Why This Founder Created A Health Care Platform For People Of Color

HUED founder, Kimberly Wilson


Jun. 19 2019, Published 4:00 a.m. ET

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When we talk about the American healthcare system, one fact must be addressed— communities of color are at a disadvantage. While there is no one cause, social conditions like poverty, environment, access to healthcare contribute to major health disparities within these communities.

Statistics and reports from the CDC show that in comparison to their white counterparts, people of color are less likely to have access to quality health care. Consequently, they are also more likely to suffer from high blood pressure, diabetes, obesity, and other major health issues.

But how would this change if the people affected most by these disparities had easy access to finding quality health care providers who also relate to them? Kimberly Wilson thinks the impact would be phenomenal. After getting diagnosed with fibroids in 2017, Wilson grew frustrated with her NYC search to find a doctor who could help treat her diagnosis — one that is quite common among Black women. Her search ended following the referral of a Black OB/GYN all the way in Baltimore, Maryland. It was this trying experience that led Wilson to founding HUED.

The platform works to connect patients of color with other health professionals of color who have an understanding of their cultural backgrounds in addition to their physical and mental needs. In a conversation with Her Agenda, Wilson talks in detail about how HUED got started, what she hopes her company will accomplish and gives some advice for other Black women looking to start their own platforms.

Her Agenda: What inspired you to start HUED?

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Kimberly Wilson: Honestly, my inspiration came from a place of frustration. It wasn’t until I ended up in the emergency room in 2017, after being diagnosed with fibroids (a condition prevalent in Black women: between 80 and 90 percent of African American women will develop fibroids by age 50), when I found myself on the hunt for a doctor that knew how to properly treat me for this condition. During that time I saw a lot of doctors — mostly white men — who either dismissed my pain, or tried to push me down the route of a hysterectomy. A decision that would surely change the course of my life. It wasn’t until a recommendation from a friend that I found a Black woman OB GYN down at John Hopkins in Baltimore (yes, I had to travel all the way down to Baltimore just to find a Black woman doctor) — Dr. Khara Michelle Simpson. Frustrated by my experience, and having to travel so far just to find a culturally competent physician — and the stories I had heard from friends (and friend in my head, Serena Williams), I decided to do something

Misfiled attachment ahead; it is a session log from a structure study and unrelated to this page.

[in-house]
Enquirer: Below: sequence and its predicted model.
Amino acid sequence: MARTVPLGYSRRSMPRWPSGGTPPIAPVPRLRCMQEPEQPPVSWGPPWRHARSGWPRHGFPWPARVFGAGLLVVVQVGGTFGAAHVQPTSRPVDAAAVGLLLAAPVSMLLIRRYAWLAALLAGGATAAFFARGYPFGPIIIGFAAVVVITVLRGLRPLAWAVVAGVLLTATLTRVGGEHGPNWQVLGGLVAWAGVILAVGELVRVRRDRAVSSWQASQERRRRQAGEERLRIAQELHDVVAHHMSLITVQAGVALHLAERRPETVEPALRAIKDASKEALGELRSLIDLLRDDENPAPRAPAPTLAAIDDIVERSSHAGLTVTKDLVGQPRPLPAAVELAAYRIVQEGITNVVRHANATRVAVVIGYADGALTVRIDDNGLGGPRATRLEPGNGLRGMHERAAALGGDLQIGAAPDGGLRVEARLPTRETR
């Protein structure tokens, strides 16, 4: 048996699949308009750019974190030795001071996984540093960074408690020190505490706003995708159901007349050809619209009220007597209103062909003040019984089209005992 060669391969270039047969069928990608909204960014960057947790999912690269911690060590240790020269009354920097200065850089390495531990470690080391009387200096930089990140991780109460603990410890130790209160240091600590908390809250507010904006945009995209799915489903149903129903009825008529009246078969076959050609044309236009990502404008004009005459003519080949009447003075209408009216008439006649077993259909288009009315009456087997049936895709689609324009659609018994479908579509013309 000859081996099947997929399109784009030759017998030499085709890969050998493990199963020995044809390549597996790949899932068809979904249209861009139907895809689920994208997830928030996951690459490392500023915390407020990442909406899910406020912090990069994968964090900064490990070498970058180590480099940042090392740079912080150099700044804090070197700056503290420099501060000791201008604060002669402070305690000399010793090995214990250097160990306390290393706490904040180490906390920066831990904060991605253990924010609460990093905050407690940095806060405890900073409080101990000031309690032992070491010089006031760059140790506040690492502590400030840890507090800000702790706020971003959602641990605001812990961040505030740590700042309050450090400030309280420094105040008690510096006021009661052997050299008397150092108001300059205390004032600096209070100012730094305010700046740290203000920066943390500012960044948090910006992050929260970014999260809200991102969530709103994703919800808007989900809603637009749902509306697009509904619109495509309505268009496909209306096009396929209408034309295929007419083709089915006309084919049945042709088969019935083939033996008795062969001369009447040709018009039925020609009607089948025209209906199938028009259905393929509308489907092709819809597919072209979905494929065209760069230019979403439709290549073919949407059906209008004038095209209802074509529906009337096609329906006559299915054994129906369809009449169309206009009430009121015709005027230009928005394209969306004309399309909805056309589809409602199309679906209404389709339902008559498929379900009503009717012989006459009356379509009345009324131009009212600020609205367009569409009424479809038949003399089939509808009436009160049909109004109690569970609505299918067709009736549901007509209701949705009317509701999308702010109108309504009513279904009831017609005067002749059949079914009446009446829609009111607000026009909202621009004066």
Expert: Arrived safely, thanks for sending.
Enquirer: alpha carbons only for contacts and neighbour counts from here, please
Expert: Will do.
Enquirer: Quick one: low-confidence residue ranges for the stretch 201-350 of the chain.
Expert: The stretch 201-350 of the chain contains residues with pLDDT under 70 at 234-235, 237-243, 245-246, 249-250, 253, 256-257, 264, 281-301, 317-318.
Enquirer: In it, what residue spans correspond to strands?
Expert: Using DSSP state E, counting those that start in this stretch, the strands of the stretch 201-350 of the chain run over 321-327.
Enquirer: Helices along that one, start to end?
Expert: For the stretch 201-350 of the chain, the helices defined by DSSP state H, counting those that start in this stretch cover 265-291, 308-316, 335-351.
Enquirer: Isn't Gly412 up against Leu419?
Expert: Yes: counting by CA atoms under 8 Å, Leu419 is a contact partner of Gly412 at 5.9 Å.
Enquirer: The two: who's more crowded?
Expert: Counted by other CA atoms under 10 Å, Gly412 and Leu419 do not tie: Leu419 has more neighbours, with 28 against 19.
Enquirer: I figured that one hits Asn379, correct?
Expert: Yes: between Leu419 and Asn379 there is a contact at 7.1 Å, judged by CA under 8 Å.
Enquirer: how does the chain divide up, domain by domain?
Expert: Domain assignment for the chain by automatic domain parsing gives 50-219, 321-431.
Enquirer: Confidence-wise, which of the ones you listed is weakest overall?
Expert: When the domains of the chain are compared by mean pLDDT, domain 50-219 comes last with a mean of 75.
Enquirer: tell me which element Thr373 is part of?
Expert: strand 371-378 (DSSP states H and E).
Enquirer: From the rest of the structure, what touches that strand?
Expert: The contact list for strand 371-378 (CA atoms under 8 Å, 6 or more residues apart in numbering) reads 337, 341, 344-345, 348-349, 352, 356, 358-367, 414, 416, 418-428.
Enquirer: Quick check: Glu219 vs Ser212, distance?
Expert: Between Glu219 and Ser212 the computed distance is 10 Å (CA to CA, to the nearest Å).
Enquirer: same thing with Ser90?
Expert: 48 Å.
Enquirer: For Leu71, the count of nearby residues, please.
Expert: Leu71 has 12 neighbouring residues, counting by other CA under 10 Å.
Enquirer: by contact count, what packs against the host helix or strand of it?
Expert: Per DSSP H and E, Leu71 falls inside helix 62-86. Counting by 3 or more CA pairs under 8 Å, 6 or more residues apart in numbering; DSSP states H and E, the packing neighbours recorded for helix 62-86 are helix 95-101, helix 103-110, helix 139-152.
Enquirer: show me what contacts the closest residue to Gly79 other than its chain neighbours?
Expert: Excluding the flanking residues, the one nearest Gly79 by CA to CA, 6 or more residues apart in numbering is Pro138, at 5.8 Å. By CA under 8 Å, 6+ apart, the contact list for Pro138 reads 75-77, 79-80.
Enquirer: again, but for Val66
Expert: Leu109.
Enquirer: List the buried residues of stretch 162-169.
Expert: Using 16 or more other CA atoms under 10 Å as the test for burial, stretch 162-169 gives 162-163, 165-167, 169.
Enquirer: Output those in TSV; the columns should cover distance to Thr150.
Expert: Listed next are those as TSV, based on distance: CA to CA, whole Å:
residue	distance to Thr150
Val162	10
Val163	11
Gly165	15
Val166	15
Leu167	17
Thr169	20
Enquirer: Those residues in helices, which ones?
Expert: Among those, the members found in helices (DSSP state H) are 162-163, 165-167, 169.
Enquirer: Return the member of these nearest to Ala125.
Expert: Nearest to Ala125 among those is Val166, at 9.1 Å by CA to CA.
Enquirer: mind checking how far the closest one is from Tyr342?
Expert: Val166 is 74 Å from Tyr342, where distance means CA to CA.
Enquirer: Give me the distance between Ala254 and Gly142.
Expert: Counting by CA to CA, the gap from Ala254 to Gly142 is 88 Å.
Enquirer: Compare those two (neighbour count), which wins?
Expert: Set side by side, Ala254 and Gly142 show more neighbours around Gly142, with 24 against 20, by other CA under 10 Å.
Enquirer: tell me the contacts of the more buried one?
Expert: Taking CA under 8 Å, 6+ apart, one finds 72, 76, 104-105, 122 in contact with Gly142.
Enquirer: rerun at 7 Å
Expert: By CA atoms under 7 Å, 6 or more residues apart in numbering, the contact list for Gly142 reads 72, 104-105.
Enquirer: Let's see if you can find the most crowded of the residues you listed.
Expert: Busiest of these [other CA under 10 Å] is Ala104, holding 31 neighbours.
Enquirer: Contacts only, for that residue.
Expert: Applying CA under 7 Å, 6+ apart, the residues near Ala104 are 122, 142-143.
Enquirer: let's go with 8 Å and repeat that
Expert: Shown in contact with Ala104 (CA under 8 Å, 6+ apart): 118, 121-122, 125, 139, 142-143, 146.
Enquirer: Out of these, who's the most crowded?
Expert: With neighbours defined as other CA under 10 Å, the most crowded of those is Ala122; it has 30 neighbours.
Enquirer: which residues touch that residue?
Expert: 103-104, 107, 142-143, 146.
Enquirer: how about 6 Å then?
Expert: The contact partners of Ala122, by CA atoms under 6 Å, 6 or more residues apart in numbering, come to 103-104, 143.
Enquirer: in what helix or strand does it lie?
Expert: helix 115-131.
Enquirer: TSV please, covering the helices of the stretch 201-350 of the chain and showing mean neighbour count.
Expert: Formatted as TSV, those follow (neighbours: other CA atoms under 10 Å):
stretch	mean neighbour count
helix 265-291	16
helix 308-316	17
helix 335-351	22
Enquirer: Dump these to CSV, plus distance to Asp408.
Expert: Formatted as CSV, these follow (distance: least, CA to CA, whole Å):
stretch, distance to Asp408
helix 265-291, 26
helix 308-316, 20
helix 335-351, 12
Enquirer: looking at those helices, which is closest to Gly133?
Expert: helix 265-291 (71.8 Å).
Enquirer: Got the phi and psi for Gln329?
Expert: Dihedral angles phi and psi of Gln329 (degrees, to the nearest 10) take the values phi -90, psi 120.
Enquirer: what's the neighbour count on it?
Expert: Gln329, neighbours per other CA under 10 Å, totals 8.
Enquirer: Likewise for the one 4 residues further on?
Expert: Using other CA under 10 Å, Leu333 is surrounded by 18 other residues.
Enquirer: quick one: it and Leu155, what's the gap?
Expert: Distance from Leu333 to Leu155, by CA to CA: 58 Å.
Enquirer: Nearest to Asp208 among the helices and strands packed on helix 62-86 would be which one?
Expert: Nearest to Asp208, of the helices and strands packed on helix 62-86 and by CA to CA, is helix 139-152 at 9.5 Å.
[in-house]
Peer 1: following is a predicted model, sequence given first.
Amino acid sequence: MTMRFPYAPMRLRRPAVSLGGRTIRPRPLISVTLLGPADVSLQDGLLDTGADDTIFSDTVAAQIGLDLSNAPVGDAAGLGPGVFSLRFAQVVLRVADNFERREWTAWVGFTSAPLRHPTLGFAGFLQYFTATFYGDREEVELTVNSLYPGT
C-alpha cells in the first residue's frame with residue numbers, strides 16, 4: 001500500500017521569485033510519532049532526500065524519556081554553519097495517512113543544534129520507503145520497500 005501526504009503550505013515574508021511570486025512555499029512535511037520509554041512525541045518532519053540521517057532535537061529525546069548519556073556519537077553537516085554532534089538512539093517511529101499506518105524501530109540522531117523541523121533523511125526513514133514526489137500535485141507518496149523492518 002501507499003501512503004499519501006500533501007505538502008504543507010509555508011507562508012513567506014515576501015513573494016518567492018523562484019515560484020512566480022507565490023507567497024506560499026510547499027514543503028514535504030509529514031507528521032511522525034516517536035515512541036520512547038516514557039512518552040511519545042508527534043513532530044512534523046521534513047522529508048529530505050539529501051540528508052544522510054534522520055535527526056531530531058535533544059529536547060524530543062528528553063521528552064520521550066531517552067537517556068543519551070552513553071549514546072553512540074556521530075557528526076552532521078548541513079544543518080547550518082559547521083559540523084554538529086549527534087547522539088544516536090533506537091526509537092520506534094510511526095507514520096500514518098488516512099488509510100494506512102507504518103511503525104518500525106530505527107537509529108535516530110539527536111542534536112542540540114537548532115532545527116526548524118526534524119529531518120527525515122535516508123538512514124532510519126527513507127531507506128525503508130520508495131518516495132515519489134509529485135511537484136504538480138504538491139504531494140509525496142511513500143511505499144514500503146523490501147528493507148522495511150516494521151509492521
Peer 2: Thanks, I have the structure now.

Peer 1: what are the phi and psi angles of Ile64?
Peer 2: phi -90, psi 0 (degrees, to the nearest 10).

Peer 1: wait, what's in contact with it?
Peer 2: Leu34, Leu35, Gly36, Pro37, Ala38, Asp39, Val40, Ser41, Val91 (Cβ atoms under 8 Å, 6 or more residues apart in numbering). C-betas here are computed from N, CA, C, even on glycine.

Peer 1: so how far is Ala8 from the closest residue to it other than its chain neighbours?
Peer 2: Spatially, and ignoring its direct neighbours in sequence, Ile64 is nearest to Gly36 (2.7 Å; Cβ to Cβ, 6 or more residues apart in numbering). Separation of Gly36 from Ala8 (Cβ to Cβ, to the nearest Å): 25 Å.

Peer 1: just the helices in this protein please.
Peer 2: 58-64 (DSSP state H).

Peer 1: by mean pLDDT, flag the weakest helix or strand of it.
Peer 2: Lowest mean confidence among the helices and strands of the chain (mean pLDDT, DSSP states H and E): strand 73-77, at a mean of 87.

about it.

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access to ethnic healthcare professionals

Her Agenda: How do you think the platform will impact the health industry as it is now?

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Kimberly Wilson: The biggest thing for us is decreasing disparities for people of color. African American & Latino’s experience 30-40 percent poorer health conditions than White Americans every year. We’re not just primary care physicians. We also focus on all types of health within our community so being able to seek out therapist or dentist or dermatologists. All of these things when it comes to care, makes a difference in our quality of life. That’s our ultimate goal. But then outside of just being a booking platform or directory that connects people to doctors, what also makes us different is the fact that we focus on education and also programming. We’re working on programming focused on mental health in the African American community and putting a symposium together at the end of the year.  We’re just looking to do more.

Her Agenda:How do you see HUED being an asset to the medical professionals that are on the platform?

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Kimberly Wilson: The benefit for providers is that 1) they’re able to fill last minute appointments on their calendar 2) the function is also a marketing platform. By being listed and being part of our network, we’re directly referring patients to you which ultimately for them is a money maker. If you are getting customer referrals, essentially you’re getting new business. In addition to that, the benefit of being able to serve. A lot of doctors we have spoken to want more clientele of color. Specifically, one of the doctors at our network at NYU, she doesn’t have a lot of patients of color who come see her. But it’s just through lack of people knowing that she was there. A lot of doctors do want to be involved in their community. And if they’re not in a district that specifically serves communities of color, it’s difficult for them. We’re kind of surfacing on that end as well.